A bill being introduced to the Texas Senate Committee on Education seeks to gut the funding of the state's public schools by creating private voucher schemes. The committee is seeking public comments. Let's make sure our voice of reason is heard!
Senate Bill 3 would use taxpayer money to provide funding to private religious schools by implementing so-called "education savings accounts" that allow parents to use public money on private school tuition and other expenses. The bill explicitly allows for funding religion, saying that the "religious nature of a product or service may not be considered in determining whether a payment for the product or service" is allowed.
SB 3 would also create a voucher scholarship program, which allows businesses to contribute to private tuition organizations in lieu of paying insurance premium taxes. This scheme is similar to programs in other states that have been used to work around state constitutional language that prohibits government money going to religious schools.
Tell State Senate Committee members to support secular public education by opposing SB 3!
We encourage you to add your own thoughts to personalize the message. This will make your message more effective in swaying your legislator.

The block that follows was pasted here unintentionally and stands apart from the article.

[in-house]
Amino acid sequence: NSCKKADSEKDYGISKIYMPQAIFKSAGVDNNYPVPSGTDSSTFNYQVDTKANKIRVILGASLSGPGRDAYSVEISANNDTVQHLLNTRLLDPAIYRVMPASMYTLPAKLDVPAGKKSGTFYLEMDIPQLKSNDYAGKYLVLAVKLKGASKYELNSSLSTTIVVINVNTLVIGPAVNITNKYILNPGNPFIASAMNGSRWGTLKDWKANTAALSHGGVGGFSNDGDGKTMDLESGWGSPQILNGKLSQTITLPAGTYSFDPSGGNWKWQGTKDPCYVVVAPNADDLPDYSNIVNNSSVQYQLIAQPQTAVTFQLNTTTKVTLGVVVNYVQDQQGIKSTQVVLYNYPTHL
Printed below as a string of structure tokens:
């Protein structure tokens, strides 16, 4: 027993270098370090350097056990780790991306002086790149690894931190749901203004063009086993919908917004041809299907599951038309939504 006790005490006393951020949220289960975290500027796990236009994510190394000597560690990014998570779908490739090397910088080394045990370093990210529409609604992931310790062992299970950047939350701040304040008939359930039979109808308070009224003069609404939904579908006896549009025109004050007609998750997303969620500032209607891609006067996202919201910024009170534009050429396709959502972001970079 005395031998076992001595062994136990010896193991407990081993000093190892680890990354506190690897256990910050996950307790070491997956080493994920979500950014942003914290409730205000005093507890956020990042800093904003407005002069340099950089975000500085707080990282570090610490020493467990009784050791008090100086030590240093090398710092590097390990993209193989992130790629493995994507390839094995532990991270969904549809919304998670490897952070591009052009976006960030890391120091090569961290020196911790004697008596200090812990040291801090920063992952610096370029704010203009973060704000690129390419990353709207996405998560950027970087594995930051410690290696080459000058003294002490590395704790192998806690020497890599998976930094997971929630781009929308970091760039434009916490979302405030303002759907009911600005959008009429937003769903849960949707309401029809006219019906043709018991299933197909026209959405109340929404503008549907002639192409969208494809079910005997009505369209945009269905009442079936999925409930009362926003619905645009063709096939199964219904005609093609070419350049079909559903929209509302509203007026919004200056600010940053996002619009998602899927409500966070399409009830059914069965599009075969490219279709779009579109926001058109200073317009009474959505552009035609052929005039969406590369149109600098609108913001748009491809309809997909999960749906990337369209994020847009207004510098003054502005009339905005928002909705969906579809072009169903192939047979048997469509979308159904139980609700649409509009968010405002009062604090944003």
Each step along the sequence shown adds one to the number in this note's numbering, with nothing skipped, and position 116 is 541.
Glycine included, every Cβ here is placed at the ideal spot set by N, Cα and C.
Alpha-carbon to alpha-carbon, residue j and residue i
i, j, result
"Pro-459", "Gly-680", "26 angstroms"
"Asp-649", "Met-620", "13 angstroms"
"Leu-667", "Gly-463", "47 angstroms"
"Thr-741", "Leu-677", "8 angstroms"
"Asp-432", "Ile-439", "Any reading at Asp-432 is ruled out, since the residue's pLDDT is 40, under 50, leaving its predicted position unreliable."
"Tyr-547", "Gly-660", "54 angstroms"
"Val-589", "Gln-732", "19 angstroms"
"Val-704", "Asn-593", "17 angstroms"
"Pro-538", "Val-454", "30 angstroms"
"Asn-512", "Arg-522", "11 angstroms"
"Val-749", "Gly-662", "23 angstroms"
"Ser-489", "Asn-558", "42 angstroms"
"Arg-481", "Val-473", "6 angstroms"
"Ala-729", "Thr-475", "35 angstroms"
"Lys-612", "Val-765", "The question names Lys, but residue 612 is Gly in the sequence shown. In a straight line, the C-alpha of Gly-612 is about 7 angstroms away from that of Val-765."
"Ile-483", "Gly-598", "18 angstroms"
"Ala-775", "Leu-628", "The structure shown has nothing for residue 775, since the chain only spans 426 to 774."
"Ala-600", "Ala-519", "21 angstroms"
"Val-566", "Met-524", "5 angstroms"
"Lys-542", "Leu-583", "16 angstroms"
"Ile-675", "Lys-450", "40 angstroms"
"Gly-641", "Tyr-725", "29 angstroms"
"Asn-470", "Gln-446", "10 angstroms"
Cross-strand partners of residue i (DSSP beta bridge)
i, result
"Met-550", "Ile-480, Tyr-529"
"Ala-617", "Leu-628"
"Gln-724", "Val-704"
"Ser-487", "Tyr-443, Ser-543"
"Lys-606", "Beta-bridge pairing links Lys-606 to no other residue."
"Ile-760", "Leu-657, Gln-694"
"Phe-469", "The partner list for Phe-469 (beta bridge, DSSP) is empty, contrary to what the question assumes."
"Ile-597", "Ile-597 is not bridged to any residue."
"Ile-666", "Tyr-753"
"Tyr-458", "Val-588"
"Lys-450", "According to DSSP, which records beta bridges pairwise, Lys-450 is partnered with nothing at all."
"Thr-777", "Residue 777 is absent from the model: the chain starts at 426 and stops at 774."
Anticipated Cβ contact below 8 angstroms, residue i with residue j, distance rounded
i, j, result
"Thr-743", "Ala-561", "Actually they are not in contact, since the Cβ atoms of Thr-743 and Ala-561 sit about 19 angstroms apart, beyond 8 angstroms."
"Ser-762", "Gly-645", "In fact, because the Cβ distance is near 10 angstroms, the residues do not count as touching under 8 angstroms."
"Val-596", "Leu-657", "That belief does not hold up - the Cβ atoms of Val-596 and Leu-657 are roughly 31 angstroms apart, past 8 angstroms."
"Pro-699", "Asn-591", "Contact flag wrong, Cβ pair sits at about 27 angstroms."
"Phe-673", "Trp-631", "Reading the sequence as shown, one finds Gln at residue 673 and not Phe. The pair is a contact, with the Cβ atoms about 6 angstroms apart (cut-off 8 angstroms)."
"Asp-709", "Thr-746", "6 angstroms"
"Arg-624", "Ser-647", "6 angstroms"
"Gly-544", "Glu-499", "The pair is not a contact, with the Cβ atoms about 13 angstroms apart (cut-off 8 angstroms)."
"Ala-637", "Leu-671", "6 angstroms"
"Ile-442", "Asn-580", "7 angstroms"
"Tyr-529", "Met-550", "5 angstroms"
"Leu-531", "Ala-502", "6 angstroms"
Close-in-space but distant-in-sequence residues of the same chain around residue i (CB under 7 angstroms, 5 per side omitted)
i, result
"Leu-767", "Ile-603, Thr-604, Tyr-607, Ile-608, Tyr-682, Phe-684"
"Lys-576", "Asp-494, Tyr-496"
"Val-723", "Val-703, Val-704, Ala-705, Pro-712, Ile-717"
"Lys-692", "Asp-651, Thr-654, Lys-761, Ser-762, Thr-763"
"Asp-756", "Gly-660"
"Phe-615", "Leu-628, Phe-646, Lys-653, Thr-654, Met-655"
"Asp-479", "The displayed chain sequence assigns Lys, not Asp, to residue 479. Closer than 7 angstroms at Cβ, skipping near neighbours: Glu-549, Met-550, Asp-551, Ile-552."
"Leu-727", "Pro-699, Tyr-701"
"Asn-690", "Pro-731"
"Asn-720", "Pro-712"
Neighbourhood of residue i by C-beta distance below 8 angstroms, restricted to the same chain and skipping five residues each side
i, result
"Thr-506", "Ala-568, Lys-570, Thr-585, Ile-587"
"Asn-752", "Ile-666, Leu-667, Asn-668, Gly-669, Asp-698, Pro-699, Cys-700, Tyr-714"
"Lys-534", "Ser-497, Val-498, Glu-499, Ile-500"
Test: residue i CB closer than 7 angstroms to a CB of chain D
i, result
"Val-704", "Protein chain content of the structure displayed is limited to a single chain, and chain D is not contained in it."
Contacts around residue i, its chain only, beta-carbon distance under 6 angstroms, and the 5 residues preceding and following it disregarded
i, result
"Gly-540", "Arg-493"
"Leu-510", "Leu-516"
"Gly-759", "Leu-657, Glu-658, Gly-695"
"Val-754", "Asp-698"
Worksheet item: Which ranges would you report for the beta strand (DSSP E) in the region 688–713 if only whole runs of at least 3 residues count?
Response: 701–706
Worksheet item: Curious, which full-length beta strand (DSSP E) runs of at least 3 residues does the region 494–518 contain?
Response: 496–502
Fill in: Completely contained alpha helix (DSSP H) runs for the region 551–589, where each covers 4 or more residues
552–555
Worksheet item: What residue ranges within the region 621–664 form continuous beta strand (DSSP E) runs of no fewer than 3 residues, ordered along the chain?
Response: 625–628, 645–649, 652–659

Please also testify at the hearing for the bill if you are able to. It starts at 9 a.m., Tuesday March 21, in room E1.028 of the Capitol extension, Austin.
(Keep reading if you wish to learn more about Senate Bill 3.)
SB 3 is a backdoor means of funneling taxpayer money to religious schools by creating two voucher schemes by pushing education savings accounts (ESAs) and tax credit scholarships to subsidize private school tuition and additional education expenses.
SB 3 establishes that kindergarten and first grade students attending private schools may receive voucher money. The bill's proposal to establish ESAs would give Texas parents public money to spend on private school tuition and education-related expenses.
This is an attempt to subsidize private schools, regardless of wealth and regardless of whether a student previously attended a public school. Voucher programs like SB 3 would lack public accountability. While taxpayers cut the checks to fund "education savings accounts," they have no say in what they are paying for and, in this case, what religious proselytization their money might be used to instill. Where public money goes, public accountability should follow.
If the bill passes, Catholic and existing church-run schools will see a windfall. SB 3 will benefit religious denominations that have the most private school infrastructure in place. Using public money to fund religious education endangers both our public schools system as well as our secular republic. Gov. Greg Abbott has said that he looks forward to signing the bill if it lands on his desk.